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Old 05-07-2018, 09:15 AM   #15
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Old 05-07-2018, 09:19 AM   #16
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Agree with running bum. I think many of us are used to viewing healthcare as free, so when we actually have to pay for it, it makes it more difficult. We still have great insurance through my employer, but DH and I spent a crazy amount out of pocket on fertility services having our kids and then my ob switch’s to a mostly concierge practice. It’s changed my perspective on the type of plan we would most benefit from. We have a ppo, so could still see our ob, but our plan only reimbursed ~2000 for the ob care vs the 4000 he charges. I now view insurance as a way to pay for the big stuff—a cancer scare, hospital services, etc—these are usually dictated by your local market. For my particular dr, I’m more willing to pay out of pocket.
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Old 05-07-2018, 09:35 AM   #17
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One thing to consider in the transition, if you haven’t already, is how you are going to manage health insurance. I FIRED about a year ago with about $9million in retirement assets. With market run up last year I’m now close to $11million. Seems like I should be all set, right? In terms of withdrawal rate I’m below 3%, which means I’ll probably going to leave most/much of this to my kids. Even with this situation I’m seriously considering going back to work - part time/less stress, because I’m not happy with the private insurance plans available in my area. First they are expensive but more importantly they are really bad plans especially regarding physician networks.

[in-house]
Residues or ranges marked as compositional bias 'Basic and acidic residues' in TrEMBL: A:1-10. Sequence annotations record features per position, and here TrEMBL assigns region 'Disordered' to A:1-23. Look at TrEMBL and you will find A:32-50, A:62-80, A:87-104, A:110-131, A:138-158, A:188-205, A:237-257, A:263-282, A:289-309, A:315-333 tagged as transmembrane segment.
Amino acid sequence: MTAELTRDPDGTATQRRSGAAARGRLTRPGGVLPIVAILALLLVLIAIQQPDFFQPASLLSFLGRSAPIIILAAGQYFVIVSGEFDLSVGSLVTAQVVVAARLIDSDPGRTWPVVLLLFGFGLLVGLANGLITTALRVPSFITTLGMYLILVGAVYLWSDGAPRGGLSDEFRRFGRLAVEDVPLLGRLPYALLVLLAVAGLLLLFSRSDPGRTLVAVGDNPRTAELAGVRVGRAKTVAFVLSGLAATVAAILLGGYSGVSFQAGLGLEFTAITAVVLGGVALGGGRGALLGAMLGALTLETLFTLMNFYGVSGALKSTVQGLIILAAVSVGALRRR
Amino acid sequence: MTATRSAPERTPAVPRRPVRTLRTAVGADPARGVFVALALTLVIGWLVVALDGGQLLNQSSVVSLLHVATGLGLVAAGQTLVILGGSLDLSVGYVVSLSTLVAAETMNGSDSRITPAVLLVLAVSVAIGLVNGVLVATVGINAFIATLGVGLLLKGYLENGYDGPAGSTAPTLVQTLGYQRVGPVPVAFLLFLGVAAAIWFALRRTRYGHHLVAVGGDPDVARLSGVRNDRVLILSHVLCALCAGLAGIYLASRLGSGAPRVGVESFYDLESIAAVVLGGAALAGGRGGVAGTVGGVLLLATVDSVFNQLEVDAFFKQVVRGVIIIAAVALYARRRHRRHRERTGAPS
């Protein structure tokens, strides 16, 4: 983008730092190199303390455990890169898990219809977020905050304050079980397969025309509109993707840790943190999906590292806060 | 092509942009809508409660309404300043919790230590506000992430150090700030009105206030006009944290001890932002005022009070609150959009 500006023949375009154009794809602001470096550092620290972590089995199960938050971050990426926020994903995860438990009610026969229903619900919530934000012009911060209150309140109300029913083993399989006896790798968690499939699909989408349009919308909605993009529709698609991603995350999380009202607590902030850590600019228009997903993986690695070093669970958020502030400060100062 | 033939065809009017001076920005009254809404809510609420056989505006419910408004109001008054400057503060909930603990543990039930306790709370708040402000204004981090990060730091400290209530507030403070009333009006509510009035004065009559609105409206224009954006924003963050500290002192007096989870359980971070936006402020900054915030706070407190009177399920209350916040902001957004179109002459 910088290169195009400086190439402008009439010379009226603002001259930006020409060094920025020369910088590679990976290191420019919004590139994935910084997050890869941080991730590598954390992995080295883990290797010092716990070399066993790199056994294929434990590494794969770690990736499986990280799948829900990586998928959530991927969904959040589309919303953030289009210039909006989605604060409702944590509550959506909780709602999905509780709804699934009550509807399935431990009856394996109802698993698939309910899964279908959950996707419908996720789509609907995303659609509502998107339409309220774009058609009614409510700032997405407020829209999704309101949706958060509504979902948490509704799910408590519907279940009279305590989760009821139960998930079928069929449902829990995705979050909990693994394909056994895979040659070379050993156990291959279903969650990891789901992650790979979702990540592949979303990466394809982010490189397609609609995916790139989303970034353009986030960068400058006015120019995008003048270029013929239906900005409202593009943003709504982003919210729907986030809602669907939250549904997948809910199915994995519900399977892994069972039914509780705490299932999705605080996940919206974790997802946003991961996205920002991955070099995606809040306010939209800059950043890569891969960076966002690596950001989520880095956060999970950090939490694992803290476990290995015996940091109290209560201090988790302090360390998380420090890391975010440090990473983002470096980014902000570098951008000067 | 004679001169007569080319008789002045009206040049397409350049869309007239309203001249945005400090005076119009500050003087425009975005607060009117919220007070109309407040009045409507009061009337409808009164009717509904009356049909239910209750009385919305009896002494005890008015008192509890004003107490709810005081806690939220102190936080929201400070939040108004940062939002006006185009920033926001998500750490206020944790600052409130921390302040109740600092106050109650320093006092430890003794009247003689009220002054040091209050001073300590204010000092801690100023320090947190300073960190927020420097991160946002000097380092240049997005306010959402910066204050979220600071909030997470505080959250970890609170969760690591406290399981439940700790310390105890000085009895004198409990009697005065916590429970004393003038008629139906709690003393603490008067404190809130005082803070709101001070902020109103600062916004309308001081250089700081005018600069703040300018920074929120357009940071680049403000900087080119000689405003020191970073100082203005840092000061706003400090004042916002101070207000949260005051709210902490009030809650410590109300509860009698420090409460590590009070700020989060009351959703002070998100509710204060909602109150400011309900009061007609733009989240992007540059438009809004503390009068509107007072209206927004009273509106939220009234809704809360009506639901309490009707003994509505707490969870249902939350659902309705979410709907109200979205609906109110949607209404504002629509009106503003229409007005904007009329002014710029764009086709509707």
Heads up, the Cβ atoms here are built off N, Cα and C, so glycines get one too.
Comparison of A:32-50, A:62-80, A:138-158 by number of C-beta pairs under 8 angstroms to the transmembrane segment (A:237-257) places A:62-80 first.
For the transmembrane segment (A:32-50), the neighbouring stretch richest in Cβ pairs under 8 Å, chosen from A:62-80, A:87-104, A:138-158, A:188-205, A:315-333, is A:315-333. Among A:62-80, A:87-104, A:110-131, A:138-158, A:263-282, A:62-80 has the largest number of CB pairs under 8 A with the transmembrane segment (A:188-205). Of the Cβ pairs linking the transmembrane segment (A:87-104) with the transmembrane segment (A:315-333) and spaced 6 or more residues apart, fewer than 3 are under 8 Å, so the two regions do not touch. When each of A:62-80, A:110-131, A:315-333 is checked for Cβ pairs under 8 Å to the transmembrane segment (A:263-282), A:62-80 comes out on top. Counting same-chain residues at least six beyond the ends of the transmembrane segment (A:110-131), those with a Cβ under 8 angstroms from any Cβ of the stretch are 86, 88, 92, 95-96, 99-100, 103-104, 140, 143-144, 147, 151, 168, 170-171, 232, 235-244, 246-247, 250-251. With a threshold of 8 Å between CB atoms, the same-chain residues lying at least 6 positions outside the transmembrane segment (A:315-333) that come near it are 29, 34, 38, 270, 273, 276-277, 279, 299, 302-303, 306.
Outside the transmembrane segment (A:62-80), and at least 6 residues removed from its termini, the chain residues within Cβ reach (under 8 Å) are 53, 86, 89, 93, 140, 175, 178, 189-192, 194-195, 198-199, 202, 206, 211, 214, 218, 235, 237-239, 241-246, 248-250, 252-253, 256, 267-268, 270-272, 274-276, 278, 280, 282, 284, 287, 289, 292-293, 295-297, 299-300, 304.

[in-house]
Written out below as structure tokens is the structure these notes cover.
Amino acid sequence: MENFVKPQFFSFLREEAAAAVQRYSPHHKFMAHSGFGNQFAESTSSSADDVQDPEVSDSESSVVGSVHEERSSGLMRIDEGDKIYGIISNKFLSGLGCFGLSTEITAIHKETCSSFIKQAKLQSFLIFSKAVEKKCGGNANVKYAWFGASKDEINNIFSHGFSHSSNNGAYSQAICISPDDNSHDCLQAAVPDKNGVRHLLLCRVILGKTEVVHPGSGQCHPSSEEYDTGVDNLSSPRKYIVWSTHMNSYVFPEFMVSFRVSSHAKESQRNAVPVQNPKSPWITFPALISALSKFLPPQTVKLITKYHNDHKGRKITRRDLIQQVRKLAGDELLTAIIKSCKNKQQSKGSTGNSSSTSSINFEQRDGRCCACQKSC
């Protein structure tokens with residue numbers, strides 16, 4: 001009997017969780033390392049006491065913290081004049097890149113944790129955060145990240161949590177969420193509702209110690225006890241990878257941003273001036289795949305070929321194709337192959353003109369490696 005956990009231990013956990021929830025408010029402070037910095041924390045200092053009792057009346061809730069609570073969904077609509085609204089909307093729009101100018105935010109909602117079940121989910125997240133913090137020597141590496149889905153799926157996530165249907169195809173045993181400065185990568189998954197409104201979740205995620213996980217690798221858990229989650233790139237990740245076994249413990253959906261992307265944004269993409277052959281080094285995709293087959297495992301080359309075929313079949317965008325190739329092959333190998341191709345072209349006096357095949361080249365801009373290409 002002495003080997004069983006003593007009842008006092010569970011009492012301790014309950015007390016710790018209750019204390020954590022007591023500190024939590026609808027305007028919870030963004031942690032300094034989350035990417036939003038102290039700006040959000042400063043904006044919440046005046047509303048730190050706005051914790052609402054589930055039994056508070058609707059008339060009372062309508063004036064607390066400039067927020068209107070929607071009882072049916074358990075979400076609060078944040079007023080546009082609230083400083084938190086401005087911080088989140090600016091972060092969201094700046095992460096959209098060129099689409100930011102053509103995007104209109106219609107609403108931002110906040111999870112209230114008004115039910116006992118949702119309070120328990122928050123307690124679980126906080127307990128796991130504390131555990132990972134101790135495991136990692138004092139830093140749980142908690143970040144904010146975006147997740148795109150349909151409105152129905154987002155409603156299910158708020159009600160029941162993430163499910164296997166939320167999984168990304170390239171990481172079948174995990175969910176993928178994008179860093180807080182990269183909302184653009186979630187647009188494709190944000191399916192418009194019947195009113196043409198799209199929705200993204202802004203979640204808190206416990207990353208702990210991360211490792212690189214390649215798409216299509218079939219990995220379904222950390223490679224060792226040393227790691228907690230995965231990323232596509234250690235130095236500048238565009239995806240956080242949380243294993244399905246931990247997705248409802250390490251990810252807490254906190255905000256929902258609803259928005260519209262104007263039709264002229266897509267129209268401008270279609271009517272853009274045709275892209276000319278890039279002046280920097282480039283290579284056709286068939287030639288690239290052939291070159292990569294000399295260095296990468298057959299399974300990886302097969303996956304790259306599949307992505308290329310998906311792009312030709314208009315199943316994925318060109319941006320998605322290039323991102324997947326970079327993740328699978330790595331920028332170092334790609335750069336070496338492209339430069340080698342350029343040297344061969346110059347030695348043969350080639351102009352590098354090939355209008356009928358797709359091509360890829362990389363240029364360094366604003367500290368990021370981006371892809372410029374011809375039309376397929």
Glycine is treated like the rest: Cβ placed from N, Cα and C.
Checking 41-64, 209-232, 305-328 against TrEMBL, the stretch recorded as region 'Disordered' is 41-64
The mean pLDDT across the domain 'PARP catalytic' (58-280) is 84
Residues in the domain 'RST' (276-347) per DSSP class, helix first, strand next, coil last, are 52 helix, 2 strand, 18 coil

So. A long way of saying: you should consider structuring an exit with a long tail of health coverage. Maybe trading some of the near term income, if you decide to work another year, into retirement health coverage.
We have budgeted 24k per year for health care expenses in our pre sss WR. For the post sss WR we figured 12k annual benefit of Medicare at 65. Does that seem reasonable estimate?
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Old 05-07-2018, 09:47 AM   #18
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Todd, it might be an even worse deal than the .1% you calculated. Assuming a 30 year retirement, by working 3 more years you give up 10% of your retirement time all for the incremental .1% increase in WR. (Some may point out your theoretical WR will actually go up more than .1% since you will need it for 3 years less. The other side of my point.) Run, run away now!
Flint that is a great way to look at it and I agree! There is no way in he** I am doing three more years. I have already told them I am short term... And it's entirely ego but I'd like to take a year of the higher comp (taking me to early next year) and then I will fly the coop no ifs, ands, or buts. Period. Finito. Completo.
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Old 05-07-2018, 10:01 AM   #19
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Flint that is a great way to look at it and I agree! There is no way in he** I am doing three more years. I have already told them I am short term... And it's entirely ego but I'd like to take a year of the higher comp (taking me to early next year) and then I will fly the coop no ifs, ands, or buts. Period. Finito. Completo.
Okay we are marking it down and will check up on you then...
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Old 05-07-2018, 10:22 AM   #20
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I ran a similar - kind of opposite scenario - and was surprised. If I pull out a fairly large amount for a one-time larger purchase, it won稚 make much difference in SWR.